Community 1st Credit Union fosters financial well-being in rural Iowa

Community 1st Credit Union, a financial cooperative tucked away in rural, southeast Iowa, is dedicated to helping members in need and improving their financial wellness.

Headquartered in Ottumwa, Iowa, many Community 1st members have an agricultural background and often partner with the credit union to receive the needed funds to run their farming operations.

“Most folks don’t have the means or the wherewithal to fund their own operations, so they need a partner,” says Greg Hanshaw, CEO at the $951-million-asset credit union. “They need someone willing to work with them, stand beside them, and help them through the process. We love to take care of folks who are part of the agricultural economy.”

Agriculture feeds and fuels our economy; however, the high cost of farming equipment, seed, feed and livestock continues to be a barrier for members and impacts their day-to-day operations. Now more than ever, having access to capital and longer-term loans is critical to this industry’s survival.

The Community Development Financial Institution (CDFI) has primarily served agricultural businesses for years after noticing the lack of local, financial institutions in the area. .

“Ag lending is one more way we can show Iowans that credit unions are different,” says Hanshaw, noting that credit unions’ people-helping-people mission makes Community 1st willing to take risks other financial institutions may avoid. “In almost every case, the risk has proven to be well worth it.”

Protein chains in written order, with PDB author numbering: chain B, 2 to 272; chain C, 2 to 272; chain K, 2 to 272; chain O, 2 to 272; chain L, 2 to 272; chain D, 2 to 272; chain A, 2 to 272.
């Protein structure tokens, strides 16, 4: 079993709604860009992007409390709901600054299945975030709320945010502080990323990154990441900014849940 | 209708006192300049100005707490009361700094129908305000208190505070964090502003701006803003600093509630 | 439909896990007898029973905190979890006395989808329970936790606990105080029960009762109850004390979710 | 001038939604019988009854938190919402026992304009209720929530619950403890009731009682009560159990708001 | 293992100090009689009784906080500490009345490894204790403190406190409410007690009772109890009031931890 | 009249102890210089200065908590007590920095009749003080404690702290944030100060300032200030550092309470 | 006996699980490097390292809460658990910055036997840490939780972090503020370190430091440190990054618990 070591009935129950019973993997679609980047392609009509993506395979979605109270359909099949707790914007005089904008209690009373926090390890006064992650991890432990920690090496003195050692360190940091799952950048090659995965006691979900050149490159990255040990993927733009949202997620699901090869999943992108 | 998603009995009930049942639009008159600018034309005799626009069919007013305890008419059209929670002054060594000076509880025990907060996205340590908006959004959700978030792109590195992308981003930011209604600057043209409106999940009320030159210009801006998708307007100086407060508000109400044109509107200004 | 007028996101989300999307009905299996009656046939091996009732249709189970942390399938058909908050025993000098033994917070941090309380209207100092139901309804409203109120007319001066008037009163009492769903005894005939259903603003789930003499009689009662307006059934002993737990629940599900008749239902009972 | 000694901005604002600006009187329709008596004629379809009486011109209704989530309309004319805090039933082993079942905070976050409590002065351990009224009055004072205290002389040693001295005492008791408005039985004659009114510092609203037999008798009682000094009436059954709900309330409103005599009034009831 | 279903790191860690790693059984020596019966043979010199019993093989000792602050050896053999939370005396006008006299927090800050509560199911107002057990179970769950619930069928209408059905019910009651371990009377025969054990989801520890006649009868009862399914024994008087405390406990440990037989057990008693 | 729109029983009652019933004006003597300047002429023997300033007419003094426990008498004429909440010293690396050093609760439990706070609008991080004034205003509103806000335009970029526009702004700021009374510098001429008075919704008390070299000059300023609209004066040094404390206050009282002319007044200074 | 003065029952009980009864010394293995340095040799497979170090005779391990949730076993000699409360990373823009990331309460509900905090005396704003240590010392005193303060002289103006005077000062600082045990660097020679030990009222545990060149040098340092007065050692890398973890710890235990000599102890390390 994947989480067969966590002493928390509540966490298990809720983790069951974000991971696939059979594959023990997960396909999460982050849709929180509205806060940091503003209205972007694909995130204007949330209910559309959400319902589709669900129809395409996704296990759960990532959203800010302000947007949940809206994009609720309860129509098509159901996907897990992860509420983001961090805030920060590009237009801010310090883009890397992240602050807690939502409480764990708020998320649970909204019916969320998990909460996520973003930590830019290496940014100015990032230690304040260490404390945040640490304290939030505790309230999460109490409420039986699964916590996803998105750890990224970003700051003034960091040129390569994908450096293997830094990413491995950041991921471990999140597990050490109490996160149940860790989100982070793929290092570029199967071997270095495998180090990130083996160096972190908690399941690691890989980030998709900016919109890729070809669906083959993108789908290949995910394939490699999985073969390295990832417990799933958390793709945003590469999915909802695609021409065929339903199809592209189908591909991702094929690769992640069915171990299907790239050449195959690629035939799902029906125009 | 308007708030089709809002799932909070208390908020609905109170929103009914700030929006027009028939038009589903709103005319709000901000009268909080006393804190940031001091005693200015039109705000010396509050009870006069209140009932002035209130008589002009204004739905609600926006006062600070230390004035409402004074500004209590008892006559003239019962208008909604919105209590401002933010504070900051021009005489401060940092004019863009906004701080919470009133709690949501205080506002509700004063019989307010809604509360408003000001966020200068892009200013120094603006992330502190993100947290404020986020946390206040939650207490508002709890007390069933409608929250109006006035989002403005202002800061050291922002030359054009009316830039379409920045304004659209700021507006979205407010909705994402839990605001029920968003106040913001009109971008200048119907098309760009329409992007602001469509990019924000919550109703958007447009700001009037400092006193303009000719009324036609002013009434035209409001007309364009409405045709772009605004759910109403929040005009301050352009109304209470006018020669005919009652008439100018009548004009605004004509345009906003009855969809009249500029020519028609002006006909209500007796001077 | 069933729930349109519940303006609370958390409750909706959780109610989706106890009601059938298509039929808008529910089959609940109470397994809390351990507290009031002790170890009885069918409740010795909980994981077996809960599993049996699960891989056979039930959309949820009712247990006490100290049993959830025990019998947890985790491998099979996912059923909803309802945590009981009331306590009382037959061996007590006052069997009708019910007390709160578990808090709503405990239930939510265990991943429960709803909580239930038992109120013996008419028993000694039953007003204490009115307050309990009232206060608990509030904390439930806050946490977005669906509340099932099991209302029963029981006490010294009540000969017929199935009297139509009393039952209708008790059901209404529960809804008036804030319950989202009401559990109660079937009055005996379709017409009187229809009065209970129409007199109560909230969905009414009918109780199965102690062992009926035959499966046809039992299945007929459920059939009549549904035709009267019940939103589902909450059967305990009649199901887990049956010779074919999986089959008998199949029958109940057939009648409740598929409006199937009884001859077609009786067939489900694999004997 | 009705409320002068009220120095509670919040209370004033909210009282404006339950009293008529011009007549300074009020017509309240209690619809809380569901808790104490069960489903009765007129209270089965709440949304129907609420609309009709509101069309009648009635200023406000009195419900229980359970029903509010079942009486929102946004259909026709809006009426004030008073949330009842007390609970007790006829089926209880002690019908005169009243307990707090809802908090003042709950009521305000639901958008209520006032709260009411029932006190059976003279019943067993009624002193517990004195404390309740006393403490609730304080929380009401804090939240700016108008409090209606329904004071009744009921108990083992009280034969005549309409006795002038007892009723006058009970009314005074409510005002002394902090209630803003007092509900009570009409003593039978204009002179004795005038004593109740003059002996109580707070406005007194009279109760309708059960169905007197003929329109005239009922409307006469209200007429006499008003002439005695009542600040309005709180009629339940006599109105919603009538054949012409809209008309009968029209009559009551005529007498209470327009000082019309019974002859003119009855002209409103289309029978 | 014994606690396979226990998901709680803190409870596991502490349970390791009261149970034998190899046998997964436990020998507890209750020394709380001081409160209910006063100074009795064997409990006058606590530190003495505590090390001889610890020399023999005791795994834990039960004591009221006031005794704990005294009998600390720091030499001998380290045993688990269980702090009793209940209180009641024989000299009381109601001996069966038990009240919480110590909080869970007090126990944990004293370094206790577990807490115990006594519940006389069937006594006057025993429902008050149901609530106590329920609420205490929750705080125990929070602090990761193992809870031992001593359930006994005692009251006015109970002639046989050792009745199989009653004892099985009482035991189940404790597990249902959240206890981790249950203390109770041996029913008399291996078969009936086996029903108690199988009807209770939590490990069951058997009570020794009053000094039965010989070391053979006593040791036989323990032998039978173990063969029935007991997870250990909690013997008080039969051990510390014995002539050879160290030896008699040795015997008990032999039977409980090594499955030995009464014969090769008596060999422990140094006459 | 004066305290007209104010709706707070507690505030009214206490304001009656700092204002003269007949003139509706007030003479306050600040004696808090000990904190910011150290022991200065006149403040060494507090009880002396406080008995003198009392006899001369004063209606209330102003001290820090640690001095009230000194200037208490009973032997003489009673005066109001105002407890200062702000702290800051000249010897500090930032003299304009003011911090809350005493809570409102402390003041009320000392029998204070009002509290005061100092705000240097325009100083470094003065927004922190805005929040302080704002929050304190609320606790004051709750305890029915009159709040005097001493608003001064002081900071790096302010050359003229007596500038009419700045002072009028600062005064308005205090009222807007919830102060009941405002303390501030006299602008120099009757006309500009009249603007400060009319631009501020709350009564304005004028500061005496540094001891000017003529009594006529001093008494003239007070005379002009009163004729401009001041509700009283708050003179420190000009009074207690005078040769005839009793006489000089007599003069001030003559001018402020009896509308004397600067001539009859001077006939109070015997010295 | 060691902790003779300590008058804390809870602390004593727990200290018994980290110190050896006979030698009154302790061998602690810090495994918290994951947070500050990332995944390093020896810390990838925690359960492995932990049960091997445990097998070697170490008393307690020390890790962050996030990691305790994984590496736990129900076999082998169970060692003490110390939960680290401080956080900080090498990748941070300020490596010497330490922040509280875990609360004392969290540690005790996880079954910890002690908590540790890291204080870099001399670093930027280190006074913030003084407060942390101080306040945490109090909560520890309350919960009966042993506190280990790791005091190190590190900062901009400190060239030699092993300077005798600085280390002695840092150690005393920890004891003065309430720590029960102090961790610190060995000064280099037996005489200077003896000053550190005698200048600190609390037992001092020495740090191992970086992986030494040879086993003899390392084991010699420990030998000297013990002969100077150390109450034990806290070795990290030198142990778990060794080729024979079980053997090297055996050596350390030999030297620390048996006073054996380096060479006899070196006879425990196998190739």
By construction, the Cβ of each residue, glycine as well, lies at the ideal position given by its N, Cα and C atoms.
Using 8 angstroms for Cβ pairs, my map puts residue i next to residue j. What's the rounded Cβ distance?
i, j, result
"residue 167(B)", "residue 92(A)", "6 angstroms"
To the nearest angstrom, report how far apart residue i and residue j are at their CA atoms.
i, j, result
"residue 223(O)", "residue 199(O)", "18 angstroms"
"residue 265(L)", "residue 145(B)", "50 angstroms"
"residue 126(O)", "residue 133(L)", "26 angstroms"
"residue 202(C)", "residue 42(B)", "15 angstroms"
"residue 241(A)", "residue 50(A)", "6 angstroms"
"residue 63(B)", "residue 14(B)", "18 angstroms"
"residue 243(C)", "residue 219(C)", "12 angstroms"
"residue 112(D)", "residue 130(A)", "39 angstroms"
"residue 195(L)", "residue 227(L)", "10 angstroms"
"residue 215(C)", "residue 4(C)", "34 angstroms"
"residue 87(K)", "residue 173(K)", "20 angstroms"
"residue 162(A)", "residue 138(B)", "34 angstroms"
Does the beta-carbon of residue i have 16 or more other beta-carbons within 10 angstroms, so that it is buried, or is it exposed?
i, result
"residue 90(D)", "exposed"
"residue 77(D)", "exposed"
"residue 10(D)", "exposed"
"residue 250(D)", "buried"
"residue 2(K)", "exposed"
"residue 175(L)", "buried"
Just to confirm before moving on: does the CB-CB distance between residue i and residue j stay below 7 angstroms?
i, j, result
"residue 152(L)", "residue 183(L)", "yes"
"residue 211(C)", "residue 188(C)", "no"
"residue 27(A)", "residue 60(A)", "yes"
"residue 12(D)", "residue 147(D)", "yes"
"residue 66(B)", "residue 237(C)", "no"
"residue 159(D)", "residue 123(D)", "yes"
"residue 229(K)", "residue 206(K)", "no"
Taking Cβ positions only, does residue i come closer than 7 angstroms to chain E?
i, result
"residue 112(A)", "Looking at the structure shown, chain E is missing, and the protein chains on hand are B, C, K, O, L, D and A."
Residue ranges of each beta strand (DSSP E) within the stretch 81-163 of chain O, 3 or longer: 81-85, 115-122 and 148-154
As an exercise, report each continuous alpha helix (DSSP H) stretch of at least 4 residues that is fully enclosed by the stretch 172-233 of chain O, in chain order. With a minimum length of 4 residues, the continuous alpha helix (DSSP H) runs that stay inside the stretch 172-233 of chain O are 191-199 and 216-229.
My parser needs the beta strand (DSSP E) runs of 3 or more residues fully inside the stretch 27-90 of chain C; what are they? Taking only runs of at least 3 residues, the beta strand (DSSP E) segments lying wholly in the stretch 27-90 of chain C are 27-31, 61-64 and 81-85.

One member Community 1st took a chance on is Ryan Stober, owner of Centerville Produce, a store specializing in livestock feed and animal nutrition. When a frustrated Stober first met with the credit union, he was struggling to find the right financial partner.

“Meeting up with our credit union was exactly what he needed at that time,” Hanshaw says. “We spent the whole day with Ryan, getting to know his business and what he struggled with. It was apparent early on that this guy knew exactly what he was doing. He had a dream and the wherewithal to make it happen.”

Now understanding Ryan’s needs, the credit union went all in to help Stober figure out the fine details to make his dreams happen. When members can work with their credit union to find the loan and repayment options that work best for their needs, livelihoods are saved. 

“My business has been in my family for 72 years and means everything to me,” Ryan said. “The credit union support I received when I had to start over was a turning point, and it is the reason why I am where I am today.” 

“That’s a story we’re extremely proud of—taking care of a member like Ryan and helping make his dreams and aspirations come true at a time when he felt they might come crashing down,” Hanshaw says.

The credit union encourages staff to listen to members’ stories, goals, and needs, and then brainstorm how to meet those needs. Plus, in the right circumstances, meeting one member’s needs will spread throughout the community.

“Pretty much every deal we make has a much bigger effect,” Hanshaw says. “Ryan has grown his business and employment significantly over the last few years. He isn’t just taking care of his own family, he’s providing a way for quite a few others to take care of their families.”

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